The bottom line of the lecture was simply this: Clone what the great investors are doing. Buy the stocks that they are buying and sell when they sell.
Mohnish Pabrai gave some earthy examples to prove his point. He gave the example of two petrol pumps who were opposite each other. One of them gave his customers little freebie services at random and thereby developed their loyalty towards him. The other owner saw this but thought it wasn’t useful because he thought the customers wouldn’t care. Over the years, the second owner saw that the first was growing his business rapidly and customers flocked to him. He knew the reason for this increased loyalty towards the first petrol pump was because of the little freebies that were offered at random. However, he still did not copy those techniques.
Pabrai cited the example of Sam Walton of Walmart who built a billion dollar business by copying what other retailers like Sears did and increasing the scale. Sam Walton was in fact obsessed with what his competitors were doing and wasted no time in implementing their concepts and ideas if it appealed to them.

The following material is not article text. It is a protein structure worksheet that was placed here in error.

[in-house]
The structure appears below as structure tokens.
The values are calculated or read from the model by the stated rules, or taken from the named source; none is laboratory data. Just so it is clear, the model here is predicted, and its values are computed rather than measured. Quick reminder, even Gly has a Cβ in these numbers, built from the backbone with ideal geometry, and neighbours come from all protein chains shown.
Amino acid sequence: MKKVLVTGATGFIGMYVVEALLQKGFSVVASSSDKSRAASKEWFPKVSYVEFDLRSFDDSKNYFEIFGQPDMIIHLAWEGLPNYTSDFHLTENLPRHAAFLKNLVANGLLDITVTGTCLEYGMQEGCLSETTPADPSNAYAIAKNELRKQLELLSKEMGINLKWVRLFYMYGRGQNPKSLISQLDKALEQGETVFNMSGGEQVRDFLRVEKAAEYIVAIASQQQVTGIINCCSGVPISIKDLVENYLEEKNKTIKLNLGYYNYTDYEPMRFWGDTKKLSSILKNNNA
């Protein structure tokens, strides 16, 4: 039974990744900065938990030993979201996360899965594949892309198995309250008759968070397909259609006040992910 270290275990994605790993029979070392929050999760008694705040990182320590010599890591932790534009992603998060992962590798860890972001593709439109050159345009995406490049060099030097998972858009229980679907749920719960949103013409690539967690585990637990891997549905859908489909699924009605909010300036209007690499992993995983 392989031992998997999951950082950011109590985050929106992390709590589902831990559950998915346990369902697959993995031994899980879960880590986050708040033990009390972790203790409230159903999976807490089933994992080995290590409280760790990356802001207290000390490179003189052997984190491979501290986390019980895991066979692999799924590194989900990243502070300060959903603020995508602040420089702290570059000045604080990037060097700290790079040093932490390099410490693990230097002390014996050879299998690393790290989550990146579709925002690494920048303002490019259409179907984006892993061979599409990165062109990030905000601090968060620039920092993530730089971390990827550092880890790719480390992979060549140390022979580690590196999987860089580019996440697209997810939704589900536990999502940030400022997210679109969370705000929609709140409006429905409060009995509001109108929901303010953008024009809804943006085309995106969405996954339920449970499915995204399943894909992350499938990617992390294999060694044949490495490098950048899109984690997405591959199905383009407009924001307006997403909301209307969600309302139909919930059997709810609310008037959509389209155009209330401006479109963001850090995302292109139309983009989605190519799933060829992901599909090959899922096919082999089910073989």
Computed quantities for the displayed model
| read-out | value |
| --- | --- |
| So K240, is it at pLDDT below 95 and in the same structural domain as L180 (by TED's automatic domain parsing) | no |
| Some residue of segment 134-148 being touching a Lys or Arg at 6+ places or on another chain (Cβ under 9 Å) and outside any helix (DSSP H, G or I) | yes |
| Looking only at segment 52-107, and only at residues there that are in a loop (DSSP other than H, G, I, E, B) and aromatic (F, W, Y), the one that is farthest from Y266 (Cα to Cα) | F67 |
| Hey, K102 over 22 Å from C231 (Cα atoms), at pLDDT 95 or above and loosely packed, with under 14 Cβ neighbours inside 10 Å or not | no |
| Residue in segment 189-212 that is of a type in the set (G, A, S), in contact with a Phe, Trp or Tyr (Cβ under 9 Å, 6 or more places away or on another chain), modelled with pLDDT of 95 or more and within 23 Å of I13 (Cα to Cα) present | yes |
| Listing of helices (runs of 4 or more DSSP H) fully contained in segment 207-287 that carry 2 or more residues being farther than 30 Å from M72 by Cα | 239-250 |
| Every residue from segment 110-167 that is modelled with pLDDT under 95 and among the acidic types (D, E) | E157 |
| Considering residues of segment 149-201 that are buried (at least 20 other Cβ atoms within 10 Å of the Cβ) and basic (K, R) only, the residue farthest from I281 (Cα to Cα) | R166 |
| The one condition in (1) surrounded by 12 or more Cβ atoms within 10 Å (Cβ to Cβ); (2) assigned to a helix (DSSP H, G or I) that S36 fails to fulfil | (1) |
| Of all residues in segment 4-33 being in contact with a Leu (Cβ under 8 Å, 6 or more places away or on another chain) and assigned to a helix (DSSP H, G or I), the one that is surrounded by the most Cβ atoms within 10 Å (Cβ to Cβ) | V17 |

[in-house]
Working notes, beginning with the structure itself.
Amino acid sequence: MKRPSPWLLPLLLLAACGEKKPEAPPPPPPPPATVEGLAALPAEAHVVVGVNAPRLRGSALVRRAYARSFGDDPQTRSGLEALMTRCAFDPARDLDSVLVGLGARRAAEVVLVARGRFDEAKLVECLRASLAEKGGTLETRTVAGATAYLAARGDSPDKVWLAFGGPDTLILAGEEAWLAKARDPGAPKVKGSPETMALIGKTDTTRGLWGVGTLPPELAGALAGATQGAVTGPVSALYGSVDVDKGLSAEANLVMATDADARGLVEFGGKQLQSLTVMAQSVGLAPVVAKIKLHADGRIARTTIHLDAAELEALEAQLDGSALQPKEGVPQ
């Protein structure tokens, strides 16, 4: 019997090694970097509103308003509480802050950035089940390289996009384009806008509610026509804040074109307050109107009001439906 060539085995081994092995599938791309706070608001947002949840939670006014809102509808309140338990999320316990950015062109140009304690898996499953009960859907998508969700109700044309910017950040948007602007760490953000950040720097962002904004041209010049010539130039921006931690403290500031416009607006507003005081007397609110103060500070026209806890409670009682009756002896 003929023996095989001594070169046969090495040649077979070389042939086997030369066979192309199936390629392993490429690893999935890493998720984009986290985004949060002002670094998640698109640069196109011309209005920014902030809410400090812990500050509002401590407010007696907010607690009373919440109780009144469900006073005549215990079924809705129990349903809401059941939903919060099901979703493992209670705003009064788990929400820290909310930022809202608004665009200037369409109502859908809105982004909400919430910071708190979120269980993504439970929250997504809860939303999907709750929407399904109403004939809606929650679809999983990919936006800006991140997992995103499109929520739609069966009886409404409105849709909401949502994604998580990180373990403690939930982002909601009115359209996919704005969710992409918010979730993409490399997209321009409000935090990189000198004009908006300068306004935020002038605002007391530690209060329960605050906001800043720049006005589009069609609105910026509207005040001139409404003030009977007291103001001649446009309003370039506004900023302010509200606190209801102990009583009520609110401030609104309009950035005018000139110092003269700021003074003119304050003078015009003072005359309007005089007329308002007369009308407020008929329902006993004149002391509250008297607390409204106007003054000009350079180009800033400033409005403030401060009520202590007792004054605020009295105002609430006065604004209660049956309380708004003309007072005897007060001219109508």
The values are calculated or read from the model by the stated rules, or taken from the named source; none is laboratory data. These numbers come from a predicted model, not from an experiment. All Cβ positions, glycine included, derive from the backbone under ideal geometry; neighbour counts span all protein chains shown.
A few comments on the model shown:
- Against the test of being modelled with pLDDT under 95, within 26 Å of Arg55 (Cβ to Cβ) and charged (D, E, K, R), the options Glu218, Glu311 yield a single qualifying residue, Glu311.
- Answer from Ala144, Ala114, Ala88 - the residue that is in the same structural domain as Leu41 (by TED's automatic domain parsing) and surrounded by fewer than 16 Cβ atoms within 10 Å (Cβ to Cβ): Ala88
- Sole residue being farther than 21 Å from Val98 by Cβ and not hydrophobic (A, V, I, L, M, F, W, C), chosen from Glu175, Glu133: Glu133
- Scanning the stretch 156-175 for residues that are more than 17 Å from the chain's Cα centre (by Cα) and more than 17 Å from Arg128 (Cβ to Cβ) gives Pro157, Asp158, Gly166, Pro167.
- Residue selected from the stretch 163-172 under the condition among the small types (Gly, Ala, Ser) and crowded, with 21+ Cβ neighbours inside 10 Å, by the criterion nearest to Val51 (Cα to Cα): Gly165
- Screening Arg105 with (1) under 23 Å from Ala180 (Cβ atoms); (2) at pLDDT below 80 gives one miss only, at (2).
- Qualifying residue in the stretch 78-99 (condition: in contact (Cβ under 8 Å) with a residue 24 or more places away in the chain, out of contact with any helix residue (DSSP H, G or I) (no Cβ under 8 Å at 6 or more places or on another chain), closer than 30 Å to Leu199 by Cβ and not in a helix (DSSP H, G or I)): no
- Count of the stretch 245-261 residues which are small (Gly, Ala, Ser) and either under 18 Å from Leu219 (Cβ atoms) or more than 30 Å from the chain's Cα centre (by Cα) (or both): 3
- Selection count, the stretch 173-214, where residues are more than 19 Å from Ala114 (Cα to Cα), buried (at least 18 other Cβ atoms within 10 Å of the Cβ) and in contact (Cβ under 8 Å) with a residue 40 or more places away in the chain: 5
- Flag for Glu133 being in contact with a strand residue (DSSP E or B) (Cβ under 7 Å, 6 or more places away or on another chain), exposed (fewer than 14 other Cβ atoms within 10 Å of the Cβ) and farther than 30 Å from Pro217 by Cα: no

Mohnish Pabrai also cited his own success as an example of how one could just copy great investors like Warren Buffett and make a great fortune out of investing. He said that when he started out in the investing world, he was surprised to see that though Warren Buffett had such a great investment model, nobody had bothered to clone that. Mohnish Pabrai calls himself a “shameless copycat” of Warren Buffett’s investment ideas.
Guy Spier rationalized that the reason most people felt that copying someone’s investment idea is not a good idea is because they feel that the “juice has already been drained from the fruit“. They feel (wrongly) that the potential in the stock has been sucked away by the purchase by the great investor and that buying it at the increased stock price is not a good idea.
Also, psychologically, people are wary of being copy cats because in their sub-consciousness they feel it may not be the correct thing to do. That is why they keep straining to find that “undiscovered stock” or the “hidden gem” instead of just buying what the great investor has bought.
Mohnish Pabrai explained that a study by Gerald Martin and John Puthenpurackal (“Imitation is the Sincerest Form of Flattery”) had proved that if investors had just bought the stocks that Warren Buffett had bought, months after the official announcement, and at significantly higher prices than what Warren Buffett paid for them, they would have made a lot of money.
This is also our experience with Rakesh Jhunjhunwala. If you had bought all the shares that form a part of Rakesh Jhunjhunwala’s portfolio, the winners would have outnumbered the losers and you would have made a fortune.